Japanese sect raided by 400 police officers

Hundreds of police raided a mostly female sect in central Japan today on suspicion that a member was beaten to death for failing to carry out her religious rites.

Television footage showed dozens of officers marching into the headquarters of Kigankai, a group which has been based for nearly 40 years in the mountain city of Nagano northwest of Tokyo.

The sect was known for selling members “purified” water and stones purported to cure all ills.

“Today’s raid was made on suspicion of murder,” a police spokesman said, adding that it involved 400 officers.

The victim was identified as Motoko Okuno, 63, who owned a sushi restaurant.

News reports, quoting investigators, said Okuno was beaten to death by some 10 other sect members as punishment for laziness in religious rites.

Police seized documents from the headquarters and questioned senior sect officials, the Yomiuri Shimbun reported online, saying police have obtained arrest warrants for 21 members of the group, all of them women.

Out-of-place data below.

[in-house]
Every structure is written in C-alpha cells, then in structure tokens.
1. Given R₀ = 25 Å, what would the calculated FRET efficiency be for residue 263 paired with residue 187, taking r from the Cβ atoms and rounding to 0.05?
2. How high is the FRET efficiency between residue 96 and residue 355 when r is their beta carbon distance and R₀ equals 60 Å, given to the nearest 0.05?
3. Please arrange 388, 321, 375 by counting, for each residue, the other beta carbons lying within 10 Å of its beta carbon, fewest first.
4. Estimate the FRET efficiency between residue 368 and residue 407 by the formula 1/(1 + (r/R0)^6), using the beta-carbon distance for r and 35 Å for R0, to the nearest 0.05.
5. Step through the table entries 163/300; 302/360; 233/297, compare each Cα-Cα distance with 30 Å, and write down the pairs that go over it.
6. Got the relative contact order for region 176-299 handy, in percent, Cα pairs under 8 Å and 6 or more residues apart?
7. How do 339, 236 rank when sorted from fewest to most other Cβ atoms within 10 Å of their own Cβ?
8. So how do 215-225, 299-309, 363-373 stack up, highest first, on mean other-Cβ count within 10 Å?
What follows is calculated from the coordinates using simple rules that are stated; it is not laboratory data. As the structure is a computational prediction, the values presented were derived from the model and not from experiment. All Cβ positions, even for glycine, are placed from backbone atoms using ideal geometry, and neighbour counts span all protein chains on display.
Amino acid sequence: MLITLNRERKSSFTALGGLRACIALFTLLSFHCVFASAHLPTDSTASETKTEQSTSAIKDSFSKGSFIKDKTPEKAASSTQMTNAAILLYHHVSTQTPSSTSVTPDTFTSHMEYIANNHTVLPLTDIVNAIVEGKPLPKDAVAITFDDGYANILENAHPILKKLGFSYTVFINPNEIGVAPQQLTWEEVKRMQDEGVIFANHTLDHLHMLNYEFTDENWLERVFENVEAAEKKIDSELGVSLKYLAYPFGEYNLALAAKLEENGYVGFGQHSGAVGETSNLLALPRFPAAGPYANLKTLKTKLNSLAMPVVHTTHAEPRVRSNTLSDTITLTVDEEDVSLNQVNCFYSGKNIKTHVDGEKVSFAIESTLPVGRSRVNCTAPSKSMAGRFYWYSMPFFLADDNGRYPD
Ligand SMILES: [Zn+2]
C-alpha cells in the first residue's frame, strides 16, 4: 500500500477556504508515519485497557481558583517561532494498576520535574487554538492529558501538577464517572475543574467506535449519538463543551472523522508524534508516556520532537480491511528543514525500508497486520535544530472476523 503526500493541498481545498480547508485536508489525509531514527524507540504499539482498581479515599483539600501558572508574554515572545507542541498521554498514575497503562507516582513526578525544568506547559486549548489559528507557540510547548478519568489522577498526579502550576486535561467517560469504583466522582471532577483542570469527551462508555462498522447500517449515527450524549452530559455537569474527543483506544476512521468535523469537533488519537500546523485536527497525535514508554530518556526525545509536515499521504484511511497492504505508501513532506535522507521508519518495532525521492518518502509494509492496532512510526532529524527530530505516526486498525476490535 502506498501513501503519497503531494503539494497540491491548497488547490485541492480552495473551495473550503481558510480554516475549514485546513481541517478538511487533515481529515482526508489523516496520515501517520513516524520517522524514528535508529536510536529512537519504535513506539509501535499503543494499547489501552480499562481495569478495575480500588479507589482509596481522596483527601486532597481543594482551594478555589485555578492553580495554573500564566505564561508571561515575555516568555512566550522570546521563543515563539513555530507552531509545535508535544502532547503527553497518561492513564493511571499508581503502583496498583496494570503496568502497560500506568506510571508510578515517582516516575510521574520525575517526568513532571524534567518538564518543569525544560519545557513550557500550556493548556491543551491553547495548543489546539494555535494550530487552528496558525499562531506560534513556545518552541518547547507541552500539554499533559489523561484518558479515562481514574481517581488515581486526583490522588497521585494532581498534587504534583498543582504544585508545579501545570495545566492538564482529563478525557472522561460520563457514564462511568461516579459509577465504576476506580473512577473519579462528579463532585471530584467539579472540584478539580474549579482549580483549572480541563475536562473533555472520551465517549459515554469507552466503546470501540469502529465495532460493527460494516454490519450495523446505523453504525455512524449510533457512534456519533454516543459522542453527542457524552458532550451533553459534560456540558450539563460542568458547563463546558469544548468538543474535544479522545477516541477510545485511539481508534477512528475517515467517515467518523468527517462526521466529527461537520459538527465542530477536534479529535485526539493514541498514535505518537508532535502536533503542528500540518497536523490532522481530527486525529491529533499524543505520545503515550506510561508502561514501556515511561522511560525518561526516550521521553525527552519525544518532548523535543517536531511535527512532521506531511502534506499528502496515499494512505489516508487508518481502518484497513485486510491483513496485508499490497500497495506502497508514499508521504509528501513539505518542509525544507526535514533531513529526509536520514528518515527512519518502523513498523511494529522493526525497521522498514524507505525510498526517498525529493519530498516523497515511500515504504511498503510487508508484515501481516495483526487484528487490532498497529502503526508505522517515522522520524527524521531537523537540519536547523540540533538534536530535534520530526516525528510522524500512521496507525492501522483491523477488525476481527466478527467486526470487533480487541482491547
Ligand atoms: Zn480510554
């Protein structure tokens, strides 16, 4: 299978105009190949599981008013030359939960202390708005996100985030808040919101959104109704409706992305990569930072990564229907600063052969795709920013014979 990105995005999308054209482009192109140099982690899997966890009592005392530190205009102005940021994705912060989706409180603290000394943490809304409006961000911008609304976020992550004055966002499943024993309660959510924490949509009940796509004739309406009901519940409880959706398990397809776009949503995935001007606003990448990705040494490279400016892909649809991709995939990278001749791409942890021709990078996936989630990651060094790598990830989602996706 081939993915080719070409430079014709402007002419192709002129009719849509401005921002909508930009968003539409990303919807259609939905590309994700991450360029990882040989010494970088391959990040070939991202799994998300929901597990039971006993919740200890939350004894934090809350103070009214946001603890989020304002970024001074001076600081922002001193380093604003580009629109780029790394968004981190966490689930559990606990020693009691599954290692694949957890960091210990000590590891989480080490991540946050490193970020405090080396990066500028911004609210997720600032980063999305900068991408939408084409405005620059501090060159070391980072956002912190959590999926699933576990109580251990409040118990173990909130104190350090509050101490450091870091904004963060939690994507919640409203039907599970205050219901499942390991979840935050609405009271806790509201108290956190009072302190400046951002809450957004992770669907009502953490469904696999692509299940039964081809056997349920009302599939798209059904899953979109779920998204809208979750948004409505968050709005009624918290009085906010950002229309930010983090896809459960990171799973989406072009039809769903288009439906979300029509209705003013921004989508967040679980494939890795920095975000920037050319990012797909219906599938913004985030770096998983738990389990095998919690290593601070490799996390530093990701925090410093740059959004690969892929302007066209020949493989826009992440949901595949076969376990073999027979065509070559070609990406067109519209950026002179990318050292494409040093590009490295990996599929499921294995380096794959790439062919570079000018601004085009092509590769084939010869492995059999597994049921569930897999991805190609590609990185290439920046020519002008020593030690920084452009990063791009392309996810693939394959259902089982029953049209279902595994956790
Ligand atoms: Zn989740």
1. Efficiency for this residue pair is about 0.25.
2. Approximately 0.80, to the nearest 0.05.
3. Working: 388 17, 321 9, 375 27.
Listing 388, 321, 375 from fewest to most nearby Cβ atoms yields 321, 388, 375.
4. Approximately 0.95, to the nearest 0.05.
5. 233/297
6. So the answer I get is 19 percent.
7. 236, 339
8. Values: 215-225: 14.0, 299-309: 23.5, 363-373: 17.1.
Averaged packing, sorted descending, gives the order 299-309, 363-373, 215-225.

The case came to light when the woman’s body was taken last month to a hospital, where doctors observed bruises indicating she had been beaten.

Okuno’s relatives initially came forward to police and said they had beaten her to death in a domestic dispute, but police grew suspicious that they were making false statements on behalf of the sect, news reports said.

Kigankai was founded in 1970 with the professed goal of promoting Shintoism, Japan’s indigenous faith, and was estimated to have some 400 members.

Japan, where few people are fervently religious, has seen repeated crimes and scares involving small religious groups.

In 1995, the Aum Supreme Truth cult, which preached of a coming apocalypse, unleashed Nazi-invented Sarin nerve gas on rush-hour Tokyo trains, killing 12 people and injuring thousands of others.

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AFP (France), via news.com.au (Australia)
Oct. 15, 2007

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This post was last updated: Monday, October 15, 2007 at 10:56 AM, Central European Time (CET)